BEGIN PART 3
Murky rain water flooded the path, stirring around her ankles, as the girl took a careful step forward down the cobblestone street. She couldn’t remember it ever raining enough to flood like this, but then again, she’d never been to this part of the Fall’s End before. Certainly not alone. The buildings looked stark and cold, completely unfamiliar and bizarrely distorted in the moonlight.
With some internal convincing (it’ll be fine, don’t be silly, she’s just around the corner, she wouldn’t leave you –), the girl picked her way through the cold water and halted between two buildings.
In a voice she hoped sounded braver than she felt, she called, “Mom?” into the alley.
The sound of distant rumbling thunder overhead answered her.
But it wasn’t thunder, was it? she thought curiously. Thunder didn’t grow closer so quickly like that. The rumbling grew louder, and louder still, until it was roaring in her ears like a freight train at full-speed.
“Mom?” she called again, more fearful now.
All of a sudden, as if she’d been struck by lightning, she knew: she had to leave. She had to leave this place and never come back. Her mother wasn’t here. Sloshing through the dirty water, she sprinted through the streets, but the water was growing higher and higher, first circling darkly around her knees, then her waist; she tried swimming, picking up her arms, but the water was up to her nose now and flooding her mouth and throat.
She gasped and choked as the water turned blood-red, and a man’s face appeared, his veins protruding, his mouth grinning. His gnarled hands reached out, seized her neck like a ragdoll, and squeezed.
But then, like she’d been slapped in the face, Leta snapped her eyes open. Her heart was pounding, her chest heaving in desperation, as if she’d just sprinted for her life. Icy sweat doused her forehead.
It was a dream, she told herself, massaging her throat and drawing sharp breaths. Just another bad dream. And it was over.
Nightmares often twisted through her uneven sleep like this, but she was grateful no one was around to witness her embarrassing reaction as she woke up. It was just a dream, she repeated to herself, stubbornly, as she sat up and put her bare feet to the cold floor with an air of resolution: time to begin another day.
Across the small room, a sliver of wintry sunlight slanted in through the lone window. Fresh snow glittered along the nearly-frozen river outside. Shivering, she rose to her feet, splashed water on her face in the bathroom and dressed quickly, though she made a point to avoid wearing any dark green: these days, the less people who affiliated her with Carthis, the better.
Throwing her satchel over her shoulder and pulling her hair back into a loose bun, she stepped into the hallway. The usual morning rush greeted her: chatter, urgency, a sea of people hurrying from their bedroom quarters off to their posts. This was where Carthis’ volunteer staff lived. A year ago, Leta had an apartment of her own along the harbor. A small place, a bit shabby with its yellowing walls and sagging furniture, but it had been hers.
And then the riots had begun.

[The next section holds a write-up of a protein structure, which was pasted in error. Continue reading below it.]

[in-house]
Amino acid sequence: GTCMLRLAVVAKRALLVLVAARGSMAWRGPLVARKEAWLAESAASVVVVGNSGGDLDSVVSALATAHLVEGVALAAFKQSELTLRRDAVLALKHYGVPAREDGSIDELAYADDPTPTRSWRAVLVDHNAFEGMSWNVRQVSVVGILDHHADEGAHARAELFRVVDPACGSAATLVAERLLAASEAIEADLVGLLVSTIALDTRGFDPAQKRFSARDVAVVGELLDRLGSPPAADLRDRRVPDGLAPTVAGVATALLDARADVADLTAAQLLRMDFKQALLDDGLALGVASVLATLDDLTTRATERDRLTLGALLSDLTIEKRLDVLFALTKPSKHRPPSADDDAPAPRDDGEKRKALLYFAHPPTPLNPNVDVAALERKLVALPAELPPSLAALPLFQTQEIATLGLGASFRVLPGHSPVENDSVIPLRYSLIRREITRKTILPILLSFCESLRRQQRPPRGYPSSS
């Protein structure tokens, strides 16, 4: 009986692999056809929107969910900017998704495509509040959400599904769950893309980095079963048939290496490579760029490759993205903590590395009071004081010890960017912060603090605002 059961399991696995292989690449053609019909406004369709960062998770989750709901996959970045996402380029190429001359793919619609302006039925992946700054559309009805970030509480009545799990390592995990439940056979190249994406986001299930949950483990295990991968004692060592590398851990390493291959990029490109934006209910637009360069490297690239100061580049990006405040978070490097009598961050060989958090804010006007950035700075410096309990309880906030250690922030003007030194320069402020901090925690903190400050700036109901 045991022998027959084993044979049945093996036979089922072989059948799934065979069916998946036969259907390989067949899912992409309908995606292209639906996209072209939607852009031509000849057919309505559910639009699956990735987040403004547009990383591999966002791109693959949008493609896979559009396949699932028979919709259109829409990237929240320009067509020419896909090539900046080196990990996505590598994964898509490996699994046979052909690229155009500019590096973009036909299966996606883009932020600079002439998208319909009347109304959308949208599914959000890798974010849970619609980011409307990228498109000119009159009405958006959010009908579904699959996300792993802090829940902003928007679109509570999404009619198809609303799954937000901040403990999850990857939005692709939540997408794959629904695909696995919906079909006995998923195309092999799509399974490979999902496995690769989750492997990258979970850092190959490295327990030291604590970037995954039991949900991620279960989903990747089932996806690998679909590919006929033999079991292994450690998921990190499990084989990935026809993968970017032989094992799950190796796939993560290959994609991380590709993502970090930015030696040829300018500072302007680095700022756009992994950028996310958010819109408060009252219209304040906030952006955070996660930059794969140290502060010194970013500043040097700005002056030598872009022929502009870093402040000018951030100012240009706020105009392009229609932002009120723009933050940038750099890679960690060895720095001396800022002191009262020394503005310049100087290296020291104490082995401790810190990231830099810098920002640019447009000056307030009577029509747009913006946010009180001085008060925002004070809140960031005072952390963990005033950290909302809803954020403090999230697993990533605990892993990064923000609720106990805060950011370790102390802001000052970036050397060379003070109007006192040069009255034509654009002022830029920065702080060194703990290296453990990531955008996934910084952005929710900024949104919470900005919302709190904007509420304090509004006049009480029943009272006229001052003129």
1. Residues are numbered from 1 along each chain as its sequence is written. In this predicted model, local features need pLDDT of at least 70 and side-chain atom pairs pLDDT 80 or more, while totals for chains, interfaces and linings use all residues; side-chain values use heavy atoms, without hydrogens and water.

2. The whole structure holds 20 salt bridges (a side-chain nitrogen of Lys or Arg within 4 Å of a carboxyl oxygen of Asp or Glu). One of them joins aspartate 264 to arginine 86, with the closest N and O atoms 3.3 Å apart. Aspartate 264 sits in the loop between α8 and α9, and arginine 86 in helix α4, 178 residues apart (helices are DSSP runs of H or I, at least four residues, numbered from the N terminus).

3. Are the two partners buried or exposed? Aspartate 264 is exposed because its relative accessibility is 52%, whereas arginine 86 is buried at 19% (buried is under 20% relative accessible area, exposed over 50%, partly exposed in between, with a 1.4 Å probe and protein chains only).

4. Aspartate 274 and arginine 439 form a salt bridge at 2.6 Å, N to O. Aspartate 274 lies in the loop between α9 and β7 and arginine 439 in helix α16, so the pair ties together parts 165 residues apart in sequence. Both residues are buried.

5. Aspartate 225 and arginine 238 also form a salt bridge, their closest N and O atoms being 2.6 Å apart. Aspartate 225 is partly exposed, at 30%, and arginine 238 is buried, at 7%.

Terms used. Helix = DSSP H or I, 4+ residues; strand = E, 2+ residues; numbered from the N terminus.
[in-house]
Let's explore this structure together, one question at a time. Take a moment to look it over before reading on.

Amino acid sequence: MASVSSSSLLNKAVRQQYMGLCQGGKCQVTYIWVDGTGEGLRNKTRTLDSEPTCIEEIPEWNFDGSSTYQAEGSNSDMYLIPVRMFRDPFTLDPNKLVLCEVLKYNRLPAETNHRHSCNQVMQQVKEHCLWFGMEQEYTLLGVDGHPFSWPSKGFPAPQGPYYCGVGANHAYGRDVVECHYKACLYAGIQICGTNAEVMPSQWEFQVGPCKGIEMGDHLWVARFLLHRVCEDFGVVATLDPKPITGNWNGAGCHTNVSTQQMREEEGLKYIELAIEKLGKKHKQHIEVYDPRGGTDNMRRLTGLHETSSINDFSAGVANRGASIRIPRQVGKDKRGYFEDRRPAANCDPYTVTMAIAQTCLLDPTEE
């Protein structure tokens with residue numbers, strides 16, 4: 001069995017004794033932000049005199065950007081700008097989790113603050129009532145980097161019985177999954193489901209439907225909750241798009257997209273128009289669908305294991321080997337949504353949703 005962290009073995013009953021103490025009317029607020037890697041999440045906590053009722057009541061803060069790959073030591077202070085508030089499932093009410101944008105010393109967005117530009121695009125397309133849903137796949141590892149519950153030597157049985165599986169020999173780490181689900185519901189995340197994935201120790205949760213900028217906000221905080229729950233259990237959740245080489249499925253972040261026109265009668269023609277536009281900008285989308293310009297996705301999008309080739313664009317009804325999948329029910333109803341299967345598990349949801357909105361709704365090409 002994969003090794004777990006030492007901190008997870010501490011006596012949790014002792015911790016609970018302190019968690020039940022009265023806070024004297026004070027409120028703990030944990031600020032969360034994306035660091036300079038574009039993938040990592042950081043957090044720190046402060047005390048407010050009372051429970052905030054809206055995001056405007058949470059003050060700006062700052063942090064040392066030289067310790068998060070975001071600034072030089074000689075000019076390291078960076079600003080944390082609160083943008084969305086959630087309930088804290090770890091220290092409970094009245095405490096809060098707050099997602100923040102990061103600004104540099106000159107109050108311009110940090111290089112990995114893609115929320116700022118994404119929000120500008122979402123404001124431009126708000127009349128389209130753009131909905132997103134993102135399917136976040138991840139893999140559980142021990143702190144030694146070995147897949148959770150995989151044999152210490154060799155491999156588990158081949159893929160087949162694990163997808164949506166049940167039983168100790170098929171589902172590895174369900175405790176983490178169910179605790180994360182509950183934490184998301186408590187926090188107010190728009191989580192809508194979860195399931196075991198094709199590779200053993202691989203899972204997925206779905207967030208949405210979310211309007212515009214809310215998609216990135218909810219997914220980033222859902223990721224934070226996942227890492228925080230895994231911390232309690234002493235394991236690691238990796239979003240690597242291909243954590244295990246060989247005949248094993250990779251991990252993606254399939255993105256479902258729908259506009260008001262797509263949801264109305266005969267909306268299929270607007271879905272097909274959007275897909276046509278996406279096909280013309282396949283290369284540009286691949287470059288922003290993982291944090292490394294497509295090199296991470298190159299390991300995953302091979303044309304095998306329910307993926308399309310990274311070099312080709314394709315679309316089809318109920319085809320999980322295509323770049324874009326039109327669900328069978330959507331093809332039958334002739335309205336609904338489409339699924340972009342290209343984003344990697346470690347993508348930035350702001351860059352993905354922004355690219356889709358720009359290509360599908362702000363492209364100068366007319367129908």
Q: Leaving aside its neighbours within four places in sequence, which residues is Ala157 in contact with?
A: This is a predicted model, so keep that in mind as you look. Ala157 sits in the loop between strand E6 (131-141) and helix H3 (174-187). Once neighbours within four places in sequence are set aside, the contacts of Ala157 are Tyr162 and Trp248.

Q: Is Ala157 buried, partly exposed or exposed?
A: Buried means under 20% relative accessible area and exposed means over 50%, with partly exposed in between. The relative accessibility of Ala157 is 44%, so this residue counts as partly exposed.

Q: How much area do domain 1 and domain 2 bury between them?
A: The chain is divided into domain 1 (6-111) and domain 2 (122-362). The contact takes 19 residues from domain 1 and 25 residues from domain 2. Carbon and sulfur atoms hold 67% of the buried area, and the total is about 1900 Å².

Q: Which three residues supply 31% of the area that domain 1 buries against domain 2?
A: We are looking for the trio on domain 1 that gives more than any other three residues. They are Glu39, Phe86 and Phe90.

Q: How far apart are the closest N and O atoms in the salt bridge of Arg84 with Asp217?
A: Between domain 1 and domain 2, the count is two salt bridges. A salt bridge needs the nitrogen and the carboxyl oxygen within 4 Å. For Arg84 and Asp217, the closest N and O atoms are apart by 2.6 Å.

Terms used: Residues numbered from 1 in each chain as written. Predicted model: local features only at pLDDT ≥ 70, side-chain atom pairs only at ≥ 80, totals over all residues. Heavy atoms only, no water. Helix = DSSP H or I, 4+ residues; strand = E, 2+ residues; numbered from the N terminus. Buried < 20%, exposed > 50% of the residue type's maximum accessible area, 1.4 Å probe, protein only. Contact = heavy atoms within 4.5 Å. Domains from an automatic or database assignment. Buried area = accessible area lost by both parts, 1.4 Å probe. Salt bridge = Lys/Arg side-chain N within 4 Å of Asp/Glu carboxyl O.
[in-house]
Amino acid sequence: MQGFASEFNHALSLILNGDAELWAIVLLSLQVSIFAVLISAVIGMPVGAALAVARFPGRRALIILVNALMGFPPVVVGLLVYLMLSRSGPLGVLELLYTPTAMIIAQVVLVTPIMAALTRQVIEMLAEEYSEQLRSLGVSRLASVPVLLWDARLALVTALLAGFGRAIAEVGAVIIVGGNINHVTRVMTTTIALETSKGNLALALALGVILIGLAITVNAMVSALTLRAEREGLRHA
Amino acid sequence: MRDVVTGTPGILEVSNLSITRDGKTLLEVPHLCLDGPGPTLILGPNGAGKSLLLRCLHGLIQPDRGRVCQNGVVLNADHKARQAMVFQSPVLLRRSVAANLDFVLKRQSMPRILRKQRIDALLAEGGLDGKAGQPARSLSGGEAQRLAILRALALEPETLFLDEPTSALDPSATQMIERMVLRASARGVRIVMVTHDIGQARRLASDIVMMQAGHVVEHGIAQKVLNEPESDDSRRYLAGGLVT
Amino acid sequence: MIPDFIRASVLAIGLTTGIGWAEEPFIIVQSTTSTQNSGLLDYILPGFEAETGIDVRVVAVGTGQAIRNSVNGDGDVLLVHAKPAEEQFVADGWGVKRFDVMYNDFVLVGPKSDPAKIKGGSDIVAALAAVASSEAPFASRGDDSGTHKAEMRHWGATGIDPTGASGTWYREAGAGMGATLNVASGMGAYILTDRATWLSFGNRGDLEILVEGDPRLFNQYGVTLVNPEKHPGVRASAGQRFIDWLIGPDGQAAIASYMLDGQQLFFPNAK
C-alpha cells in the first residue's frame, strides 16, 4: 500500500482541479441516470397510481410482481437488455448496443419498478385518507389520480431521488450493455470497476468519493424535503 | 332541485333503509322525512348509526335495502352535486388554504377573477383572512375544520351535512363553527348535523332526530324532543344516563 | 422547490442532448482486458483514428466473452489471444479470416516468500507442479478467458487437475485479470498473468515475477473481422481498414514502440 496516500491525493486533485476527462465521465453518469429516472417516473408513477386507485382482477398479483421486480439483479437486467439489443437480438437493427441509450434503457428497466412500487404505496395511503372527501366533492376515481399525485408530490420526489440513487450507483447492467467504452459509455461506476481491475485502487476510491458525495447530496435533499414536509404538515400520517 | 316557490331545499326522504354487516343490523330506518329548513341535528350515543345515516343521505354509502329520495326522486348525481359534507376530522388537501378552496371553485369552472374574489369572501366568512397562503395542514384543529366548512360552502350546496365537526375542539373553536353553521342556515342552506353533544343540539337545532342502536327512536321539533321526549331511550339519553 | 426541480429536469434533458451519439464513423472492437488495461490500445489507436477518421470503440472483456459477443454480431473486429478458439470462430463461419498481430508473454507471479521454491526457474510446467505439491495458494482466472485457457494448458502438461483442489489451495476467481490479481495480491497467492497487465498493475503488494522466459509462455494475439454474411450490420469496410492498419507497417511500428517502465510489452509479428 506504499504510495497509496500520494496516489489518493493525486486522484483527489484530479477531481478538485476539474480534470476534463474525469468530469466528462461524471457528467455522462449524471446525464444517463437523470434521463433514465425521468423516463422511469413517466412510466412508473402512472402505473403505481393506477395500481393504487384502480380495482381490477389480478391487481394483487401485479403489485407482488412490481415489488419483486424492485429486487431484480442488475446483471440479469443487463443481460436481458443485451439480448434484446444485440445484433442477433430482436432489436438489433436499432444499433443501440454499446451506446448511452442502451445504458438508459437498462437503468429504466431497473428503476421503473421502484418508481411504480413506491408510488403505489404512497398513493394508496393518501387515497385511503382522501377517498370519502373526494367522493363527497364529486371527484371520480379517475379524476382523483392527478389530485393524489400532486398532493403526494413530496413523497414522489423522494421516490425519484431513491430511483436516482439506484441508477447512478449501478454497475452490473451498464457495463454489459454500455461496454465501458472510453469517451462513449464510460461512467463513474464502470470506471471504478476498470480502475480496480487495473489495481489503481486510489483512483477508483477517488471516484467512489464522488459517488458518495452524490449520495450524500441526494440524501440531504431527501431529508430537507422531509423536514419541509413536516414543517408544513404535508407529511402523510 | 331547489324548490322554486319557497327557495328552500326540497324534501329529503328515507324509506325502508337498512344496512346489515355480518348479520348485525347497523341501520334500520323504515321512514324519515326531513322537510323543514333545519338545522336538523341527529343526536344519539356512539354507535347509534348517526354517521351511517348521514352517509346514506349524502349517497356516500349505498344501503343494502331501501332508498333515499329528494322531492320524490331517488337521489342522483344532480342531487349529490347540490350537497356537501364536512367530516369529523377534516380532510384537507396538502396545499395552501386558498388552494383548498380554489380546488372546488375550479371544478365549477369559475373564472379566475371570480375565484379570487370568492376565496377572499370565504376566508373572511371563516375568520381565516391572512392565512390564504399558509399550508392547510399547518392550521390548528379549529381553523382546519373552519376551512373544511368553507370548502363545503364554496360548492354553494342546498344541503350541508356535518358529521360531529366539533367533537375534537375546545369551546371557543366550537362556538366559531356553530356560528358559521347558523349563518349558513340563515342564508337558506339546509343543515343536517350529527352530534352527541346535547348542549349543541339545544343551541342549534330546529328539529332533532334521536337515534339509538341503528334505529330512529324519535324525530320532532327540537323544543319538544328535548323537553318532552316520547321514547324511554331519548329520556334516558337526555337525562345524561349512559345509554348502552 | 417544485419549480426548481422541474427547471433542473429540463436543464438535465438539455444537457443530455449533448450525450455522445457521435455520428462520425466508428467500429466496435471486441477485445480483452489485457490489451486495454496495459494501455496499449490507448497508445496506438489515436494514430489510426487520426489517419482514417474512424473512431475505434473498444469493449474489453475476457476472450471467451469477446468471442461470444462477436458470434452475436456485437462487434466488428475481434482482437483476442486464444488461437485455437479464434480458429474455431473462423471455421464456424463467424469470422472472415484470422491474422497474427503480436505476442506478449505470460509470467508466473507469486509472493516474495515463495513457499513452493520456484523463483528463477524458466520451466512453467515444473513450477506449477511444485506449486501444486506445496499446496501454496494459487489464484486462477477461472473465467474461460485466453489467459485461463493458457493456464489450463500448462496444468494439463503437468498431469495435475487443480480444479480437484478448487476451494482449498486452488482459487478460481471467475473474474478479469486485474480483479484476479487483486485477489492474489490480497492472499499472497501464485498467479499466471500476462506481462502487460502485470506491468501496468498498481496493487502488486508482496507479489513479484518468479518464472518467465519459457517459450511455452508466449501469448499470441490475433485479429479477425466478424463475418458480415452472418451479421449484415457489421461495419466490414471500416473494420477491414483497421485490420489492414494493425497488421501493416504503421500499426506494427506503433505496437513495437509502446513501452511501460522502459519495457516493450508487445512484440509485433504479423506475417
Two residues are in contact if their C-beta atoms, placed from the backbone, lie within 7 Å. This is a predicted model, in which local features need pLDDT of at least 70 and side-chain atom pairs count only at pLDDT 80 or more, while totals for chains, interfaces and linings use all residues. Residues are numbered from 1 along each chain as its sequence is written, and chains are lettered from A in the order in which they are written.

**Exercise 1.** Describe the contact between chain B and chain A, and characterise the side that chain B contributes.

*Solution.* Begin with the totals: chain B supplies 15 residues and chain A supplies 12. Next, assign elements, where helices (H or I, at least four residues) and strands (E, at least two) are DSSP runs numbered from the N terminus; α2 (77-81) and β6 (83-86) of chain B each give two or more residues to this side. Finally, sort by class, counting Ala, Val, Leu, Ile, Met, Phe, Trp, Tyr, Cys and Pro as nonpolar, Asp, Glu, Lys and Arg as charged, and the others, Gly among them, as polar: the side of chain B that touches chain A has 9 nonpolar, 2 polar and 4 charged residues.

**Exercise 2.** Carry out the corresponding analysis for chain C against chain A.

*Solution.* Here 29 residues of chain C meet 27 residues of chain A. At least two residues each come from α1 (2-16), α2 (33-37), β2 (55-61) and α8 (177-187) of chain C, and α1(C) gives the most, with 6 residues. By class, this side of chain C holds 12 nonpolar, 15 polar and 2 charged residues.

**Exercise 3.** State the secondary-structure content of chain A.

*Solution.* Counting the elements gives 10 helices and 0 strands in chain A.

Not long after the fall of the Society on Vescent, dissent had started to take root. A large sect of people wanted the Vescent they had always known back. Carthis started to morph from ‘hero’ to ‘invader’ as their stay continued on and on through the years. Sure, the military provided aid and some semblance of stability in the power vacuum left by the planet’s previous ownership, but citizens were shaky with their loyalty, some were starving, and all were scared. It was little surprise to anyone then, when a small group of armed rebels had decided they wanted Carthis gone for good.
Fatal shootings filled the streets. Arsonists set fires on every block. The military had set up barrages and contained the rioting, for the most part, but walking the cobblestone streets of Fall’s End was hardly safe anymore. Five years after the Battle of Fall’s End, Vescent was nearly in as much chaos as it had been before Carthis ever arrived.
So now, at the insistence of a couple admirals and for her own safety, Leta called the Carthian base her home.
Weaving through the crowd, she crested a staircase and was unsurprised but pleased to see a familiar face. Leaning against his usual wall where they met every morning was Nikkolai.
“Morning, doc,” said the twenty-four year old, forcing a tired smile over his face, his blonde hair still springy and overgrown. In his arms were a bundle of files and paperwork, just like always: after years aboard the Dionysian, he’d finally left about two years ago now and joined Leta on Vescent as her personal aide.
At first, Leta had privately hesitated — Nikki, sweet, silly, kind, but unreliable, join her here? Didn’t he want to stick close to Javier and his home ship? But he told her he wanted to help the war effort and that he had no function on the Dionysian so she had accepted. Since, he had proven himself time and time again as her confidante. And one of the few people she completely trusted.
“Sleep okay?” he asked distractedly, falling into step beside her. He threw her a glance as he rifled through the papers in his arms. “You look a lil pale.”
“Thanks, Nikki,” Leta laughed, holding open the door for him as they marched into the main hub of the base.
Easily sidestepping a particularly impatient officer, Nikkolai said, “So. Morning updates for ya. That reporter’s been hounding for an interview again. He left a bunch of messages early this morning. Kind of desperate. Little pathetic,” as he dug into his folders.
“Again? Gods, he’s persistent.”
“Maybe he just likes you.” Nikkolai grinned, but it was short lived. “Still, he won’t even tell me what he wants to interview you about so if I were you, I’d keep giving him the run-around,” he went on, business-like again. “Oh! And that order you put in for a new CT scanner? I’m pretty sure it’ll come through next month. Got a confirmation late last night.”